IMPROBABLE got big thumbs ups in this week’s Just Books newsletter and the Philadelphia Inquirer.

From Just Books:
Improbable is one of those rare books that you sink into your bed with and welcome the early morning light as you turn the final page. Improbable is a brilliantly told mystery/thriller that just keeps you guessing the odds to the very end. Fourth-year Columbia statistics Ph.D. student David Caine is in trouble. His gambling habit has gotten him in deep with the Russian mob and due to serious health issues, he can't make himself disappear. In order to escape the burden of his debts without losing his life, Caine is under experimental drug treatment that seems to allow him to access his unconscious mind and he combines this gift with his statistical genius to play the odds in a high stakes game for his life. Fawer is gifted at keeping the finest line between the good guys and the bad guys, holding a mirror up to David Caine, so that you're never sure which image is reality, and keeping the adrenaline flowing through succinct explanations of complicated mathematical and scientific theories. Improbable is action packed, full of interesting information and for any person with a penchant for playing the odds … the perfect read.
From the Philadelphia Inquirer:
It makes an unlikely combination: Thriller and physics

Reviewed by Marc Schogol

There's a very strong probability that you'll read this book - but it's equally improbable.

We might be able to tell if we could look into your future, but which future?

Perhaps your past reading habits would give us a hint, but which past?

OK, you may be fuming, get real! Fine - which reality did you have in which mind?

And if you've got a feeling that you've heard this sort of stuff before, congratulations. But beware. Once it's discovered that you experience feelings of deja vu, a lot of nasty people may come after you.

That's what happens to David Caine, the protagonist of this very promising debut novel by Adam Fawer, who got his undergraduate and master's degrees from the University of Pennsylvania and went on to a business career before checking the odds and deciding they favored writing this combination thriller and primer on modern physics.

Caine is a gambling addict and epileptic. So was Fyodor Dostoyevsky, who wrote a novella called The Gambler about a man who couldn't stay away from the gaming tables.

It isn't improbable that Ivy Leaguer Fawer has read that book, but his book leaves Dostoyevsky's (whose name is sometimes also spelled "Dostoevsky") in some parallel universe's dust.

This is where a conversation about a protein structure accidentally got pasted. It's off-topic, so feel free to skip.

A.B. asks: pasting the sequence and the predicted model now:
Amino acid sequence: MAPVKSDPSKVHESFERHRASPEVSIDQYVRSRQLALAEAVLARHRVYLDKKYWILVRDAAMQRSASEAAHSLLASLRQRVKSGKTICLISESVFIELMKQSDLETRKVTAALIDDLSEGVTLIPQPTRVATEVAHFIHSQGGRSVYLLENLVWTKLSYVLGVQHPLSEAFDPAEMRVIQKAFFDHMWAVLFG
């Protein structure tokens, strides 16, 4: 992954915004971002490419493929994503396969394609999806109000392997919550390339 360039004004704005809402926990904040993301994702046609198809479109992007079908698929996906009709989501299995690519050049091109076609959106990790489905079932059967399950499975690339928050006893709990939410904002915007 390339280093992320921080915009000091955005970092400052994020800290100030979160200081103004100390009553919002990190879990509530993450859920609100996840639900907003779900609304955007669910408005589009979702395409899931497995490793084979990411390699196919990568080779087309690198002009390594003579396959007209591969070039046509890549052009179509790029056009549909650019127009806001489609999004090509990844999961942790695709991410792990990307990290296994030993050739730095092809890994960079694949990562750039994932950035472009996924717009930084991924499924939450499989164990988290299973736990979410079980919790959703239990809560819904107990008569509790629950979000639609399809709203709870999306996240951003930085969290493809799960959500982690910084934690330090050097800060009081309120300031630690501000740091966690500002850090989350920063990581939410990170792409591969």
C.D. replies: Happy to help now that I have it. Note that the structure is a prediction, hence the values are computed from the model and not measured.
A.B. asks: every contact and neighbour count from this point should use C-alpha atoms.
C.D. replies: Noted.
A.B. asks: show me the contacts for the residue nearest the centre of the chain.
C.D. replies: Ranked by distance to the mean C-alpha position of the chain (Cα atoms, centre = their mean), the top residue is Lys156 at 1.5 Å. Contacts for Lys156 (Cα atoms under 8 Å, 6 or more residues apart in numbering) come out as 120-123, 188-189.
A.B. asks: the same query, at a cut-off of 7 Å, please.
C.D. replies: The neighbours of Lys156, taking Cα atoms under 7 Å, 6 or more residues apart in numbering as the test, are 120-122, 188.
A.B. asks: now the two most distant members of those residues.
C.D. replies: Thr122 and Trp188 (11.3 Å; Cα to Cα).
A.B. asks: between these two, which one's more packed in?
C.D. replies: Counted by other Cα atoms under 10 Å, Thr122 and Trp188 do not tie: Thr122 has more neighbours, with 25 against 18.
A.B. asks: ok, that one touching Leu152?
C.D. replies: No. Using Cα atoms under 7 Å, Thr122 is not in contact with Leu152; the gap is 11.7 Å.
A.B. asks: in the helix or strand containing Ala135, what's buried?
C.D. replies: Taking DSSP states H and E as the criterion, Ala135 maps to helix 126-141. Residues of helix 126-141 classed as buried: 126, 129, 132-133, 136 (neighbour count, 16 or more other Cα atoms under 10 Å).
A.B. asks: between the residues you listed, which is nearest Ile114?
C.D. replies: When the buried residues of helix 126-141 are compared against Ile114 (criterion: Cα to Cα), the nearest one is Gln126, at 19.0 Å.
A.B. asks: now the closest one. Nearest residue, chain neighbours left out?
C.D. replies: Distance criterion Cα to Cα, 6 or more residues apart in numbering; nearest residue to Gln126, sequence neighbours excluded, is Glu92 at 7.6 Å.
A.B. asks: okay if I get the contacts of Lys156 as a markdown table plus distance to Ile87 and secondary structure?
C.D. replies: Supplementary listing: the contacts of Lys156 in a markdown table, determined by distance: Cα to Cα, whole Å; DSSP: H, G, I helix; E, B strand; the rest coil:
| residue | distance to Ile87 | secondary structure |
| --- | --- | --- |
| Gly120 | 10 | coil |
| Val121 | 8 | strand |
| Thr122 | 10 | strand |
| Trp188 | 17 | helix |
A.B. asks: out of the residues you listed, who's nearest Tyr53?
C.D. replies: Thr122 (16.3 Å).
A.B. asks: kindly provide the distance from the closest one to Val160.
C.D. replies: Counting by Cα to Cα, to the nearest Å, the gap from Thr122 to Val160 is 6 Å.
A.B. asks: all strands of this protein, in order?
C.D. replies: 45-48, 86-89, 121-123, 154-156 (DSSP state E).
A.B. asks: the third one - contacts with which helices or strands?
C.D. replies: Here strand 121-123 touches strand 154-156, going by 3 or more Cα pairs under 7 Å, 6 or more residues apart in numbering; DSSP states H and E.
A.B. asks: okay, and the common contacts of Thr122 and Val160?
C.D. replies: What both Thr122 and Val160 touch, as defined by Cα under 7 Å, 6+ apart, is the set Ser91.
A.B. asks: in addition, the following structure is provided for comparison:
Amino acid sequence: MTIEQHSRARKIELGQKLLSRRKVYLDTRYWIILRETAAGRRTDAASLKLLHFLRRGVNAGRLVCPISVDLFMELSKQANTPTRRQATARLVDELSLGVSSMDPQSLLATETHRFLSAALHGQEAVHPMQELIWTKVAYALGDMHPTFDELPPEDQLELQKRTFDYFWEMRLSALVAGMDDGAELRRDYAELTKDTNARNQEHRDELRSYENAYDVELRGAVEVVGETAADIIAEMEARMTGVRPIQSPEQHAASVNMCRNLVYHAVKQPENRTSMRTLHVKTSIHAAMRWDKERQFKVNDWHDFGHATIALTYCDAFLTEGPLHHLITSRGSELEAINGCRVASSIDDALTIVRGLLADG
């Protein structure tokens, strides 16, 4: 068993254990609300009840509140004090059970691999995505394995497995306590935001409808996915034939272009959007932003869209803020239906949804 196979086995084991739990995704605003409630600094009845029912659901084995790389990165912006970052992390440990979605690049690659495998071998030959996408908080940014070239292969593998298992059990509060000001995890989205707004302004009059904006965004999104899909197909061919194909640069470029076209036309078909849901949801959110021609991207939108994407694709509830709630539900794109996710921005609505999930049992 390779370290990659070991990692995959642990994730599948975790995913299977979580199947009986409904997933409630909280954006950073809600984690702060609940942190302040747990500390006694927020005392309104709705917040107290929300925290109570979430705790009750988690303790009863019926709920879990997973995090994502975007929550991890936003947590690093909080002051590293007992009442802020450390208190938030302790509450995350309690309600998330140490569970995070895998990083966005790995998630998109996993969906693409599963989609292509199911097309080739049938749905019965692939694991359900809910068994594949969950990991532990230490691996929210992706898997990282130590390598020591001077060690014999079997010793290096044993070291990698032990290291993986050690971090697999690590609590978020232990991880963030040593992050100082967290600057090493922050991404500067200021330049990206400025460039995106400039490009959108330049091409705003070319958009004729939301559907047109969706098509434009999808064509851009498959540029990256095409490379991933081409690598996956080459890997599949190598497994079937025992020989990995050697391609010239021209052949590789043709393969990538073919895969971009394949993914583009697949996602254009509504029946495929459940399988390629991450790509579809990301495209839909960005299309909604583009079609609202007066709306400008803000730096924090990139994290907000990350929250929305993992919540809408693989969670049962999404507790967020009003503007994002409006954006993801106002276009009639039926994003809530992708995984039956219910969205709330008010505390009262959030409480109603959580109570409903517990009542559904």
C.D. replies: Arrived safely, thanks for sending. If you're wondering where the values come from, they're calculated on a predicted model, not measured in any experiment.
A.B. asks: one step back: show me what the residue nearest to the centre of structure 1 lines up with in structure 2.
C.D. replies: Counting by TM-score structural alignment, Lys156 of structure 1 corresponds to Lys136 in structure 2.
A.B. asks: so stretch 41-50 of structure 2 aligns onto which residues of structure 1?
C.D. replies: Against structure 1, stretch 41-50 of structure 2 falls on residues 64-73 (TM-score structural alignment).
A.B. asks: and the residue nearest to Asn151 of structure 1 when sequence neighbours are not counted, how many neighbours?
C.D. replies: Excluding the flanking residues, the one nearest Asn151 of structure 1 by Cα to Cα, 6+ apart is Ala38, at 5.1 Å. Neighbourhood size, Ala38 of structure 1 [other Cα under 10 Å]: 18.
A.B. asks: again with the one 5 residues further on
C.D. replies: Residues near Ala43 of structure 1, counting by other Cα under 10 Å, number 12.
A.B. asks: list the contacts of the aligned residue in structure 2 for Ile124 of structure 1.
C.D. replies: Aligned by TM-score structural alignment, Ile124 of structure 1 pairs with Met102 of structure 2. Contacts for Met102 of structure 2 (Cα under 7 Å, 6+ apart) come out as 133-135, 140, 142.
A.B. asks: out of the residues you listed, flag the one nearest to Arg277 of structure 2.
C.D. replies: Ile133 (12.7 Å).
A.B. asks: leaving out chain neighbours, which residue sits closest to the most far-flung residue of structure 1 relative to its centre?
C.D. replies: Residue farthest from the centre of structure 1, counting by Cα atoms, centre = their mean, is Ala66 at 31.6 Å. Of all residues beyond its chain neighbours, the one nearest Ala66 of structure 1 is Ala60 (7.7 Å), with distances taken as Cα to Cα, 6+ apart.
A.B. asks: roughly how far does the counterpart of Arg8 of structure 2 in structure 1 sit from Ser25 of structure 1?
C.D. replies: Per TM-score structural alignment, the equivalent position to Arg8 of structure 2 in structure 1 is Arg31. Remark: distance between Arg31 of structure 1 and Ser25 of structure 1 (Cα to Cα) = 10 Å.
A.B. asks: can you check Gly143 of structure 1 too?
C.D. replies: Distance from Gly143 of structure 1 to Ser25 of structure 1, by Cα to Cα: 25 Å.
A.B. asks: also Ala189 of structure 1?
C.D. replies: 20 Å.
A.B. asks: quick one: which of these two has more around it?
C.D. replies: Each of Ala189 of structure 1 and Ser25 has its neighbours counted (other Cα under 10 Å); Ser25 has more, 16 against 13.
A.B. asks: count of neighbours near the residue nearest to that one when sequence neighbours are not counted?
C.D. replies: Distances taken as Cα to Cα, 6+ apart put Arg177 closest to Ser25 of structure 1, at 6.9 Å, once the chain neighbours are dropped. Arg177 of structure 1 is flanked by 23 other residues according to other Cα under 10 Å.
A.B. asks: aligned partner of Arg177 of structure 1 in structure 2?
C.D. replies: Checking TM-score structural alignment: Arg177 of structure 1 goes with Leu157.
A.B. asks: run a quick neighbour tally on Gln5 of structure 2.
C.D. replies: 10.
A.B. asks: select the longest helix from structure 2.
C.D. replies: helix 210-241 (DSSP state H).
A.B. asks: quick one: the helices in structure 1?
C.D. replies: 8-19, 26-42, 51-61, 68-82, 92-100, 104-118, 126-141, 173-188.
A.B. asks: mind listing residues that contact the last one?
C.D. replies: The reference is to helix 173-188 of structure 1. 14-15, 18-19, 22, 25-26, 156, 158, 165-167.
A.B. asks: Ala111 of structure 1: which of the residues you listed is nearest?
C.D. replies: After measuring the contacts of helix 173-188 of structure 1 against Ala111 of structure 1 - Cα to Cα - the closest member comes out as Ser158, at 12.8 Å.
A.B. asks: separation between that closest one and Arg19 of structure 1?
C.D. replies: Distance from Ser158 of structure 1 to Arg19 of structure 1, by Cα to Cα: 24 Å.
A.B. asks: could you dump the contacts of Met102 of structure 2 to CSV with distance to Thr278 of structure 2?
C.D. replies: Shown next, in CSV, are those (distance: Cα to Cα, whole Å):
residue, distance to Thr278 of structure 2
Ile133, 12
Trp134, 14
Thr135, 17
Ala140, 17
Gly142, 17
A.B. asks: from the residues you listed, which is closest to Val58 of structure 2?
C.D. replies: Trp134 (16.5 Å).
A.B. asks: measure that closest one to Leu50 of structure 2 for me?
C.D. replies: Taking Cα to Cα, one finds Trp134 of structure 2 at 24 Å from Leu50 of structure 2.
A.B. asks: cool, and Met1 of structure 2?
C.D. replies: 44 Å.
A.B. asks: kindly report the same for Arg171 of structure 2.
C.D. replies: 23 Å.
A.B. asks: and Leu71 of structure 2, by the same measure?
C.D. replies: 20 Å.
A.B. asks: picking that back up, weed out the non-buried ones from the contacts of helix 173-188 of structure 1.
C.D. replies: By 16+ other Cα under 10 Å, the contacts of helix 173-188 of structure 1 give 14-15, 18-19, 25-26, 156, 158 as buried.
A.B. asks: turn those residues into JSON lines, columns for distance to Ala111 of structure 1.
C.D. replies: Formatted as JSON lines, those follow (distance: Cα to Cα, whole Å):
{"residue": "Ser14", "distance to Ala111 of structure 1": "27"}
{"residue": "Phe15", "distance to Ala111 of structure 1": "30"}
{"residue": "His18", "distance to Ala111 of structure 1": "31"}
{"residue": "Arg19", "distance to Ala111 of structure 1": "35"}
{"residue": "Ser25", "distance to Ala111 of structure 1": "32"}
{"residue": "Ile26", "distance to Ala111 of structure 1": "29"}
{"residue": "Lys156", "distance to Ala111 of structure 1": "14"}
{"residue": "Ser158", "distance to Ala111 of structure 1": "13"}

For all his anguished musing on morals, Dostoyevsky probably believed the books he wrote physically existed. Ha!

The premise of Improbable is that everything from existence to matter doesn't matter because it's all relative - except when it isn't.

There are people among us who can see all possible pasts, presents and futures, Fawer hypothesizes - and epilepsy, schizophrenia and similar conditions are telltale symptoms of those who have this potential ability.

When David Caine comes to realize this - and also falls deeply and hopelessly into gambling debt - mad doctors, spies, and mobsters from all over the world literally and figuratively want a piece of him, and don't care whether he's alive or dead when they get it.

In an unlikely alliance, he is aided in his flight by a beautiful (are there any other kind?) former Russian KGB agent turned CIA hit-woman turned freelance intelligence thief and hawker who messes up and - after initially chasing Caine, too - is being chased by the same crowd.

Time after time (Einstein's definition of time, of course), she and Caine seemingly miraculously (but not really miraculously, because there's an explanation for everything) escape pursuers. In the course of which, Caine increasingly comes into his mental strengths.

Also in the course of which, alas, the narrative takes long digressions as we get long, detailed lessons on Probability Theory, Quantum Physics, and other cutting-edge scientific theories and theorems on being and nothingness.

Sometimes, these tutorials come only seconds (relatively speaking) before the bad guys kick down the door. It can make some readers a tad impatient - and at one point, even one of the characters urges another delivering a lecture to please you-know-what or get off the pot.

Caine, too, can freeze up - knowing everything except his next move.

"Caine was paralyzed, unsure of what to do," Fawer writes of one such episode. "He knew he'd changed something, if he went back in, he would know what had happened/is happening/will happen... ."

Though Caine obviously has a huge advantage on us, we have one on him: Read Improbable and, with a lot less physical and psychological pain and strain, you'll know all the answers, too.